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Sanjana Govil

Degree:

MBA

Location:

India

Industry:

Consulting

Year:

2016-17

By Sanjana Govil

Interviews with Alumnae: Sanjana Govil

Three lessons from my MBA journey.

Passion is good, but experience is better.
When I applied to SBS in 2016, I was a VC lawyer for impact investors and social enterprises who wanted to do what my clients were doing. I had been bitten by the social impact bug a few years prior while clerking for a judge at the Supreme Court of India, where I realised that social problems were far too complex to be solved by public institutions alone. While reading up on alternative approaches, I came across Ashoka’s Bill Drayton and his concept of the “social entrepreneur”, and a lightbulb went off in my head – of course that’s what’s missing: we need to align profit and purpose, we need to bring the creativity and capital of the private sector to the social sector! I was so taken by this epiphany that I shot off an embarrassingly eager email to Ashoka India. They were kind enough to entertain my meeting request but gently pointed out that, while my enthusiasm was palpable, I had no relevant experience whatsoever. This led me to explore opportunities to earn my stripes within my field, and landed me a job with a small, up-and-coming law firm in Delhi that served impact investors and social enterprises. Here I learned the intricacies of setting up social ventures and negotiating rights on both sides of an impact investment deal; I got to understand market trends across sectors like health, agriculture and education, and what made an innovation investible. Looking back, Ashoka’s feedback was pivotal because it taught me that passion alone will not land you a job in social impact. Just like any other industry, the sector requires demonstrated knowledge and experience. Without these, I probably would not have succeeded on my MBA application, nor would I have been able to make the most of the experience.

Your fellow MBAs may be your biggest promoters – I owe two post-MBA jobs to them. When you start on a one-year MBA programme, it’s easy to get quickly caught up in networking mixers and coffee chats with prospective employers. However, I cannot emphasise enough the value of meaningful conversations with your classmates. My first role post-MBA was creating case studies and conducting sessions alongside global experts at Oxford’s Social Finance and Impact Investing Programmes for executives. I was recommended for this opportunity by my classmate, Allegra Day, who knew I had the research skills and aspirations to make me a good fit. Later when I found myself looking for opportunities in India, I contacted a classmate Aditi Chatterjee who had always spoken in glowing terms about her employer, Sattva Consulting. Sattva is a home-grown social impact research advisory firm in India that has had a meteoric rise in recent years. Aditi made an introduction and now I am a Research Expert for Sattva, leading research and strategy engagements for clients like the Bill & Melinda Gates Foundation and Google.org. None of this would have happened if Allegra, Aditi and the rest of us social impact geeks hadn’t spent the time to make genuine connections and support each other.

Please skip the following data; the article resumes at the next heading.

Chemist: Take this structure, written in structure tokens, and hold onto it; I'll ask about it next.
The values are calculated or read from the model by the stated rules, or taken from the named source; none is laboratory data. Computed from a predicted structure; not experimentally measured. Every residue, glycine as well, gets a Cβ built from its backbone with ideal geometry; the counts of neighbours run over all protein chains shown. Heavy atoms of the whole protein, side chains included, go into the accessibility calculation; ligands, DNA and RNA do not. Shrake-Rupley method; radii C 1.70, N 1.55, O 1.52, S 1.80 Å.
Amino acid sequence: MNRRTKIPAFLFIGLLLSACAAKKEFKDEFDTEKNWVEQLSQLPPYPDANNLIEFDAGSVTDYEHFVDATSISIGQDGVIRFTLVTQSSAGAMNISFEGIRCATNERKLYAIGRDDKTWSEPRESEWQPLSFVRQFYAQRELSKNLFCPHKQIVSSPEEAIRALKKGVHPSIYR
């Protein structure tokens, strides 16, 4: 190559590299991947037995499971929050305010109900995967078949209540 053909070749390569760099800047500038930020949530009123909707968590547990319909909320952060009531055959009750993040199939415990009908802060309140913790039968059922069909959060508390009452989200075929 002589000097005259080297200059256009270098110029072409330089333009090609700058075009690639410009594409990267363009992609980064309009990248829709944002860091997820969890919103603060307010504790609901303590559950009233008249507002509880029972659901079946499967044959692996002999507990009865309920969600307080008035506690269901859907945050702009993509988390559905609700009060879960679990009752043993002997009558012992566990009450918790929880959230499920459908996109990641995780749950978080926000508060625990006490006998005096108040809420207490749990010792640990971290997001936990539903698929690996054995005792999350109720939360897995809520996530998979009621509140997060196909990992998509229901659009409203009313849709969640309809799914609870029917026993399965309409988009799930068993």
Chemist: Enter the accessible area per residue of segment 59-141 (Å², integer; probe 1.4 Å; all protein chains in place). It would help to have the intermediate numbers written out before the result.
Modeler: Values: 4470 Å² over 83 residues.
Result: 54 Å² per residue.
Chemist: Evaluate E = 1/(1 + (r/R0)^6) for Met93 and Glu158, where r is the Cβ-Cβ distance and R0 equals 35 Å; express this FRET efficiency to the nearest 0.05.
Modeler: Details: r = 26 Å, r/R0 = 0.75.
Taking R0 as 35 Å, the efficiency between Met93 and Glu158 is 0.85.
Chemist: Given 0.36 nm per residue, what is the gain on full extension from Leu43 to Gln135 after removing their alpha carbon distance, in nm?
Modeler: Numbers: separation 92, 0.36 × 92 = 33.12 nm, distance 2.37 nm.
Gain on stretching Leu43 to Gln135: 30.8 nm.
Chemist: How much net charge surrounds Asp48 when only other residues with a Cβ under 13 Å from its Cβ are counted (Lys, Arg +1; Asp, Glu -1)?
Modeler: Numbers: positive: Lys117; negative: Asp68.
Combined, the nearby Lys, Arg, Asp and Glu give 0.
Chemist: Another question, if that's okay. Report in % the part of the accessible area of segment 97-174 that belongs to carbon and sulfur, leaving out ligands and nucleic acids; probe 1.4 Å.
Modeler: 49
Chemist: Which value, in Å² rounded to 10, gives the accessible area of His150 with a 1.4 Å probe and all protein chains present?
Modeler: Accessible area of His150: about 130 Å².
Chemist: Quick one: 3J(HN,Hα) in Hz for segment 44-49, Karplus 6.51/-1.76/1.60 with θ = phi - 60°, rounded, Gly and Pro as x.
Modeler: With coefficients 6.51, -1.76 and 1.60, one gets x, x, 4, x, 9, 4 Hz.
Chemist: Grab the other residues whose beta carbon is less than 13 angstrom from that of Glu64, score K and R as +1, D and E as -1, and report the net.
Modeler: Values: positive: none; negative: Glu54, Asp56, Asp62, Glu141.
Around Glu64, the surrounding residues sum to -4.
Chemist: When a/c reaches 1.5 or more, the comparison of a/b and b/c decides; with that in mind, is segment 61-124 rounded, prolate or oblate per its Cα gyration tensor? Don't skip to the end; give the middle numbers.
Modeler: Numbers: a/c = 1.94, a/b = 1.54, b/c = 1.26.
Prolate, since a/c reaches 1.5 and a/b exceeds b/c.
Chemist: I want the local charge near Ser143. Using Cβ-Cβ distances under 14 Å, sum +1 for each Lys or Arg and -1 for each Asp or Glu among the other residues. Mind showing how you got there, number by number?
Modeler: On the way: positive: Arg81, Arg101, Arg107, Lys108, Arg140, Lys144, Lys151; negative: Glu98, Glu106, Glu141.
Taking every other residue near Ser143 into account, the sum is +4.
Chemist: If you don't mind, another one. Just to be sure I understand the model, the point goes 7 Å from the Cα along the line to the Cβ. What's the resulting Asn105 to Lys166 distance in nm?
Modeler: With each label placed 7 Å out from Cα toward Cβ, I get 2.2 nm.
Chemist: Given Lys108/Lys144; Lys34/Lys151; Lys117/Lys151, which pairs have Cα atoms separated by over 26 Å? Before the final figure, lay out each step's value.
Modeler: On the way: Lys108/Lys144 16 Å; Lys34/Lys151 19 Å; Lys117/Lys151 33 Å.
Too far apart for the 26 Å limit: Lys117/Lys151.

You may not land exactly where you expect, but the Oxford platform can help you get someplace even better.
If you are the ideal MBA student, chances are you will come to Oxford with a clear picture of your dream job after graduation, but it’s also likely that the experiences you have and the people you meet at Oxford will shift your goal posts, urging you to reach for bigger or different dreams. If you stay open to these opportunities, while keeping one foot grounded in realities like work visa policies and hiring freezes, you may exceed your own expectations. I came to Oxford thinking I might go on to support Indian social entrepreneurs, but Oxford enabled me to become one myself. As a University-endorsed graduate entrepreneur, I recently took the plunge to launch my own venture: a text analytics platform to ensure women’s voices from emerging markets directly inform the strategies of global funders who seek to serve them. I look forward to joining the vibrant community of entrepreneurial University alumni and hope that you will join us soon too!

Sanjana Govil, Oxford MBA class of 2016-17

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